The very first meeting was held on the POS Docks and was chaired by Vernon Glean. Errol McLeod spoke at that meeting. Meetings at T&TEC, ISCOTT, PTSC and WASA come to mind easily. We went to the workplaces and addressed the workers. They were able to see that all the unions were holding one common position and were engaging in massive mobilization. This gave them strength, a sense of solidarity and a good chance of victory against the pauperization policies. 

These acts of Unity and Solidarity gave rise to the big public meetings, like the one in Mid Centre Mall where the date for the strike was finally announced. All that time the momentum was building and the second line leaders were saying in the Cossabo that the workers only wanted to hear the date for the strike. Of course we sought the support of the Taxi and maxi associations. Essentially we relied on our own efforts to mobilise the workers to fight their own agenda. 
We did our announcements in the communities for ourselves and at times keeping our own spot meetings. We also solicited and won public opinion on our side as we defeated government in all the radio and TV debates. 
We fought for our own agenda for ourselves. Where would we be today if T&TEC workers didn’t strike against the removal of COLA? Would we have stopped the 10% pay cut if teachers didn’t close down all the schools and the public servants didn’t shut down the public service and workers and the general public did not support our just cause? 

Shop Stewards at a COSSABO called for a mass-based peoples' organization which led to the formation of the Summit of Peoples Organizations (SOPO) which broadened the struggle. All this was done without any lobbying of any political party for "help".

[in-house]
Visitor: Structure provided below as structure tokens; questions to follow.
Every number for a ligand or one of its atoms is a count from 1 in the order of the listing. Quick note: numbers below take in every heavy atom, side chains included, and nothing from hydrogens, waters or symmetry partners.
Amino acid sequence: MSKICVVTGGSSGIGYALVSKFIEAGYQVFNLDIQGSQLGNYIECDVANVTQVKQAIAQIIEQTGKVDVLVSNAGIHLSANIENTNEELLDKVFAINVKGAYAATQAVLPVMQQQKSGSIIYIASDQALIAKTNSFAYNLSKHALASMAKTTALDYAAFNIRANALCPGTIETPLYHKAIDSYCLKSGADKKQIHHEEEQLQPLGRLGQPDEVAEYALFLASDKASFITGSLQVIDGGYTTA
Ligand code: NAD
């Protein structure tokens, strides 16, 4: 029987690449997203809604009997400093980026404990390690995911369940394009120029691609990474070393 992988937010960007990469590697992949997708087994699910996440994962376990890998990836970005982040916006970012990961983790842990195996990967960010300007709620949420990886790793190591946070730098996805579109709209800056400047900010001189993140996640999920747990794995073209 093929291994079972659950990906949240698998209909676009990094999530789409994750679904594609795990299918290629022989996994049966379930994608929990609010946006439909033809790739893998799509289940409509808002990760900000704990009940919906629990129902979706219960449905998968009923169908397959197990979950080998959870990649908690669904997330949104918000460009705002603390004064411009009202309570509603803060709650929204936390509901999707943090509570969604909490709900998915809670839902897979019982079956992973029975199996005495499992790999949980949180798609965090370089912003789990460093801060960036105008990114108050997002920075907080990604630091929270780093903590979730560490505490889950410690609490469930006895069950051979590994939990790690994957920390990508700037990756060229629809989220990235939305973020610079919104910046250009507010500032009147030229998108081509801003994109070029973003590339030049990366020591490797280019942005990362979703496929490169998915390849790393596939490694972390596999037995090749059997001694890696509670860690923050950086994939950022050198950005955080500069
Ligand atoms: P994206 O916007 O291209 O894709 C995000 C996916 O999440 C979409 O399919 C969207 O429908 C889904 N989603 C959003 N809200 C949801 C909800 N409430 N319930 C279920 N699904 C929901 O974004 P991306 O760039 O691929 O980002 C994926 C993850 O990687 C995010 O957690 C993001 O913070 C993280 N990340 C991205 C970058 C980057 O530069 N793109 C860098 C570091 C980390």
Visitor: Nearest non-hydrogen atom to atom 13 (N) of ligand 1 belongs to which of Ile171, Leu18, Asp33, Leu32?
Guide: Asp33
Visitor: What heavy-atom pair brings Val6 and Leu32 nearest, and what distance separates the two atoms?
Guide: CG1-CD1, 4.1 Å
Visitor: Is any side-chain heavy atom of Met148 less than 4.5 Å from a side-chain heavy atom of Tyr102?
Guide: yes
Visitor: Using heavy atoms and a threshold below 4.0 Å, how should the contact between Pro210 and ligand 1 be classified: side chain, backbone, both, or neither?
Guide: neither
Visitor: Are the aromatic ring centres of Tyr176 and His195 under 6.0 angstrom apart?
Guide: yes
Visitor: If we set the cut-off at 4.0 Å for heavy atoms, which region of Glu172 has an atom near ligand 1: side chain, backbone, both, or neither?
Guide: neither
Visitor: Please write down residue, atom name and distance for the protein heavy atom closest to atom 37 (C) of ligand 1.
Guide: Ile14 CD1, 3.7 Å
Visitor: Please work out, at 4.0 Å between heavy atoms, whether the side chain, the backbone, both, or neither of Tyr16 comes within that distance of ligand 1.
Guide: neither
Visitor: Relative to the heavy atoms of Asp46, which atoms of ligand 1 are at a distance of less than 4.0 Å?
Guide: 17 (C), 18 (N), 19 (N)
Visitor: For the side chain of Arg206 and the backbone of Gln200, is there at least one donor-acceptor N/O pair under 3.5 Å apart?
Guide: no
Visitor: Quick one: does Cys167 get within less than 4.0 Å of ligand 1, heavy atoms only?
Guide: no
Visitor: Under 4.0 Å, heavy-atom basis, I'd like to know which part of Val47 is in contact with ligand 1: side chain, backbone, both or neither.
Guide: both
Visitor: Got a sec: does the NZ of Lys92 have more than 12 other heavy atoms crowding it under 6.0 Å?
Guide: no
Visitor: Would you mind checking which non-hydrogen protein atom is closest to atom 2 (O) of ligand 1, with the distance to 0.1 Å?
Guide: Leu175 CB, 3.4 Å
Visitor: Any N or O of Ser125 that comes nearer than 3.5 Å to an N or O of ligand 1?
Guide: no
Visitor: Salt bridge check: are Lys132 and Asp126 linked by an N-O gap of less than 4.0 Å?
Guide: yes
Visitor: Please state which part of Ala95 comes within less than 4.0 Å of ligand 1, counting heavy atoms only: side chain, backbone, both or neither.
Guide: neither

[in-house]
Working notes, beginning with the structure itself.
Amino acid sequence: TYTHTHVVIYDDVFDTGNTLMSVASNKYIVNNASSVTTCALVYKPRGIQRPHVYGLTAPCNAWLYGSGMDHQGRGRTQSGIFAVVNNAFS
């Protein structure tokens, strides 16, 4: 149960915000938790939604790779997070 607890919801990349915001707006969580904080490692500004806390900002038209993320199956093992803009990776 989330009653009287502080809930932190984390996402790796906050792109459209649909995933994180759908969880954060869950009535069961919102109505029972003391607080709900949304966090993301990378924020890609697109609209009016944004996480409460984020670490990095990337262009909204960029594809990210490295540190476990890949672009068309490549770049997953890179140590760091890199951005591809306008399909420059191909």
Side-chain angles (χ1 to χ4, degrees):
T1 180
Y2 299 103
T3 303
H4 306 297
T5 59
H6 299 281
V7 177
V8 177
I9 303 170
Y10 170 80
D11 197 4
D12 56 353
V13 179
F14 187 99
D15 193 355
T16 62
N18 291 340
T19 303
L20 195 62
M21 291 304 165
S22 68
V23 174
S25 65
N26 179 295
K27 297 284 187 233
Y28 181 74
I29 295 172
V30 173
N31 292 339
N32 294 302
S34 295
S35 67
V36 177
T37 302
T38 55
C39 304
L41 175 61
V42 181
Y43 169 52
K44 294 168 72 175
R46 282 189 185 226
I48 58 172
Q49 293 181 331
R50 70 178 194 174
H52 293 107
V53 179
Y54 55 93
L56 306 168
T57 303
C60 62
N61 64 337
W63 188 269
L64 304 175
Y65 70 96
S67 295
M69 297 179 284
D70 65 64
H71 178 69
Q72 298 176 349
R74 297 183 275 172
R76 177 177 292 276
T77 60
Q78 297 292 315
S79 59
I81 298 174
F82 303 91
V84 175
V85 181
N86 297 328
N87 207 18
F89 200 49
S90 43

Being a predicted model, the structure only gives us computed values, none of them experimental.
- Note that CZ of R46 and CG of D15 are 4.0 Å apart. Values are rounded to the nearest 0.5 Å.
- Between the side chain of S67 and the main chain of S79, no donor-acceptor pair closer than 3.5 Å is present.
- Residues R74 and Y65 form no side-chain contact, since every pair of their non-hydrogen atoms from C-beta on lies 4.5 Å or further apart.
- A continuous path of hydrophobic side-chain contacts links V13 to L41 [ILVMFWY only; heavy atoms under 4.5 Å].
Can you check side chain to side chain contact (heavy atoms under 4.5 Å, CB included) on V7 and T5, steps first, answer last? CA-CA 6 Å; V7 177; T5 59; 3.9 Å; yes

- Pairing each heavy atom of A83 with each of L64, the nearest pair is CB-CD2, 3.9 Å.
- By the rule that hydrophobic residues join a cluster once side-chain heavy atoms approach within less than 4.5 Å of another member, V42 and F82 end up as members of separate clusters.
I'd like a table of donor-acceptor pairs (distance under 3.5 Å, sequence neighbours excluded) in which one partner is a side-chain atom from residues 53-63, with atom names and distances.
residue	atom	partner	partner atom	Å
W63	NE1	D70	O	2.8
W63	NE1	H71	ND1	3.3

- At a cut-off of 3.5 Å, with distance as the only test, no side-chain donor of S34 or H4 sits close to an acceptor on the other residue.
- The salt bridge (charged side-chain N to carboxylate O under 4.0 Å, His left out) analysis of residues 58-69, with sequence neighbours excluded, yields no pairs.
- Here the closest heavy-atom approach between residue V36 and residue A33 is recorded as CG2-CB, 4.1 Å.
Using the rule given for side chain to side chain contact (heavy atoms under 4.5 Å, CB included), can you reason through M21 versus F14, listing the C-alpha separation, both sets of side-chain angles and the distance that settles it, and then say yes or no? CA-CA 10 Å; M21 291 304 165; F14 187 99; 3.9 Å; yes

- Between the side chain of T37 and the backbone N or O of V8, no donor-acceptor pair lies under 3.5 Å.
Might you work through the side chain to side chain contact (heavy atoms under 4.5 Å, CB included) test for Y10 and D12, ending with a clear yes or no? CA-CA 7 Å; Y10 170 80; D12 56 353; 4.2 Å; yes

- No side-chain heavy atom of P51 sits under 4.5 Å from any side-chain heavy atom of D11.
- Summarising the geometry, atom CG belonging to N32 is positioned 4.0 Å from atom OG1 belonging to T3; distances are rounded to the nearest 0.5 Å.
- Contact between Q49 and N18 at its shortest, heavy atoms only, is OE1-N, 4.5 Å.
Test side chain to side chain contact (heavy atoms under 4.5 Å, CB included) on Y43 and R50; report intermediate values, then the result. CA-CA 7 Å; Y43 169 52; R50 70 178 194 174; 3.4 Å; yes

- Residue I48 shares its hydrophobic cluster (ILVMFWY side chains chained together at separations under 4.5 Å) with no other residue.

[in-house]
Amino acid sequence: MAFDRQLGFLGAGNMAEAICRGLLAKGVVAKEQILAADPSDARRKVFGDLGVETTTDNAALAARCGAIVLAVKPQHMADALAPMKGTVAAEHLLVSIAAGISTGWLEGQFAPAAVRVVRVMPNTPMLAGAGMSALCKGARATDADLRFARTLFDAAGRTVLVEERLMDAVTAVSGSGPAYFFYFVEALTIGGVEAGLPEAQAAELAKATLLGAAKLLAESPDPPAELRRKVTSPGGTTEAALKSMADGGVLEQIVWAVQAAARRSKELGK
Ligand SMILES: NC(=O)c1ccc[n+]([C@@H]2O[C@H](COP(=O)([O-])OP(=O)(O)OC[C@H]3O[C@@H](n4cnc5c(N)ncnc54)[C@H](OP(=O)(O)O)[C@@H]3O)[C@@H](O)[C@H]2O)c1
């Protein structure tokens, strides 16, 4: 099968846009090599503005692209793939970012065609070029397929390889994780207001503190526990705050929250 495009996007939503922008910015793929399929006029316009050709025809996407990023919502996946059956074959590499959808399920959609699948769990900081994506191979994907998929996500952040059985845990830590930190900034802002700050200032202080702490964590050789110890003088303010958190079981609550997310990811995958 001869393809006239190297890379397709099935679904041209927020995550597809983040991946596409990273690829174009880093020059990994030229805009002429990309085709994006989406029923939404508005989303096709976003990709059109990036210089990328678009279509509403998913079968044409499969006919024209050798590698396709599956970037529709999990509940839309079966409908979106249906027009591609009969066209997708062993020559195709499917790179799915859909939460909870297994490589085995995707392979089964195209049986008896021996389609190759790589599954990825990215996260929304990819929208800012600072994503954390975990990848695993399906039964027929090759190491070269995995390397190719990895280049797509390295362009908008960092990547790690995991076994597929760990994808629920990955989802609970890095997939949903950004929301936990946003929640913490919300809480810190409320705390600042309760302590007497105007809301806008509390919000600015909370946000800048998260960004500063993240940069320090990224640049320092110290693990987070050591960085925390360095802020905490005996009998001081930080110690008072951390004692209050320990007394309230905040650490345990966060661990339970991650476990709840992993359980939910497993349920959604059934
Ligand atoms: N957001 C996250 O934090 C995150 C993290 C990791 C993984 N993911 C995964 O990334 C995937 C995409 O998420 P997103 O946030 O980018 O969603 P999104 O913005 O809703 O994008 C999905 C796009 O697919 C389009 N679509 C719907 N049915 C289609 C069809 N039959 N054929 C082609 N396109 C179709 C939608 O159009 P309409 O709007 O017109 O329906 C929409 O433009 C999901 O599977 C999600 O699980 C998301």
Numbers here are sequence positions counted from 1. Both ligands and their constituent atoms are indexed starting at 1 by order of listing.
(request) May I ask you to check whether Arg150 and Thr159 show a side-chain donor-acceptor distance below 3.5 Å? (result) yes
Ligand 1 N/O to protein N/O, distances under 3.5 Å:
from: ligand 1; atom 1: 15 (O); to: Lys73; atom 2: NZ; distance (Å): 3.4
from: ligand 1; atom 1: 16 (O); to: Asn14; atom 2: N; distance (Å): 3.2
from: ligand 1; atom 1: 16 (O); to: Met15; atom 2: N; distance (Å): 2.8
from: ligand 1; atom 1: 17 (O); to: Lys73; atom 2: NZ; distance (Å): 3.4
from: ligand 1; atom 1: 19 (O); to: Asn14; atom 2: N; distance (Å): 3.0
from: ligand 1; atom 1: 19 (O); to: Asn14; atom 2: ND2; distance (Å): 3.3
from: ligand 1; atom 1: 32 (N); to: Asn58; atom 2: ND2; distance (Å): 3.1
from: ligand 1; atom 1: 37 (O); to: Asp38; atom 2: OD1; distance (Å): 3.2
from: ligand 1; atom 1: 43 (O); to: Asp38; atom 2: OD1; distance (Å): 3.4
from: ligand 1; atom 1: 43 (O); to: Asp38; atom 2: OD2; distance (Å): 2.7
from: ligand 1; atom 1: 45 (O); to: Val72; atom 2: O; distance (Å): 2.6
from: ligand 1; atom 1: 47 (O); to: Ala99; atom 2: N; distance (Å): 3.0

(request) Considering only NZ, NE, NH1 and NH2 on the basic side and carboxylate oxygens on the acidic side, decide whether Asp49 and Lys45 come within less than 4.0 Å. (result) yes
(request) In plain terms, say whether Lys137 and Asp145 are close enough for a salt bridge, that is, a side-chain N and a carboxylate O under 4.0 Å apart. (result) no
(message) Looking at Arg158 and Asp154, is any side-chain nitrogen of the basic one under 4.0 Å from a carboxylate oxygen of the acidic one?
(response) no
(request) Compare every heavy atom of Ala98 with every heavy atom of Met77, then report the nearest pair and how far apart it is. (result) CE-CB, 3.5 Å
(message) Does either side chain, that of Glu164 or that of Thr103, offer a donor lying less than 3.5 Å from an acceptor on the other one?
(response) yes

How was all of this possible? We did our work on the ground because the shop stewards and branch officers made it happen at the work place. It was the workers’ fight and they fought and beat back the advance of the IMF programme. WE RELIED ON NO POLITICAL PARTY TO DO THAT FOR US. We relied on the workers and their leaders at the work site and the working people of the country. 

Why have we since 2010 depended on the politicians to do what we can do for ourselves when history has shown us that politicians have never given workers anything but anti-worker policies and repression. Our history is littered with oppressive actions and policies against poor and working people. 

One wonders if our trade union leaders have lost faith in workers are feel we are incapable of winning battles and protecting and promoting our own interests against the onslaught of Big Business, corrupted politicians and party financiers. 

Have they forgotten or don't know the working class history of T&T? We in the labour movement certainly don't need the empty promises and betrayals of political parties who historically serve their political financiers and who invest in a system of corrupted political governance.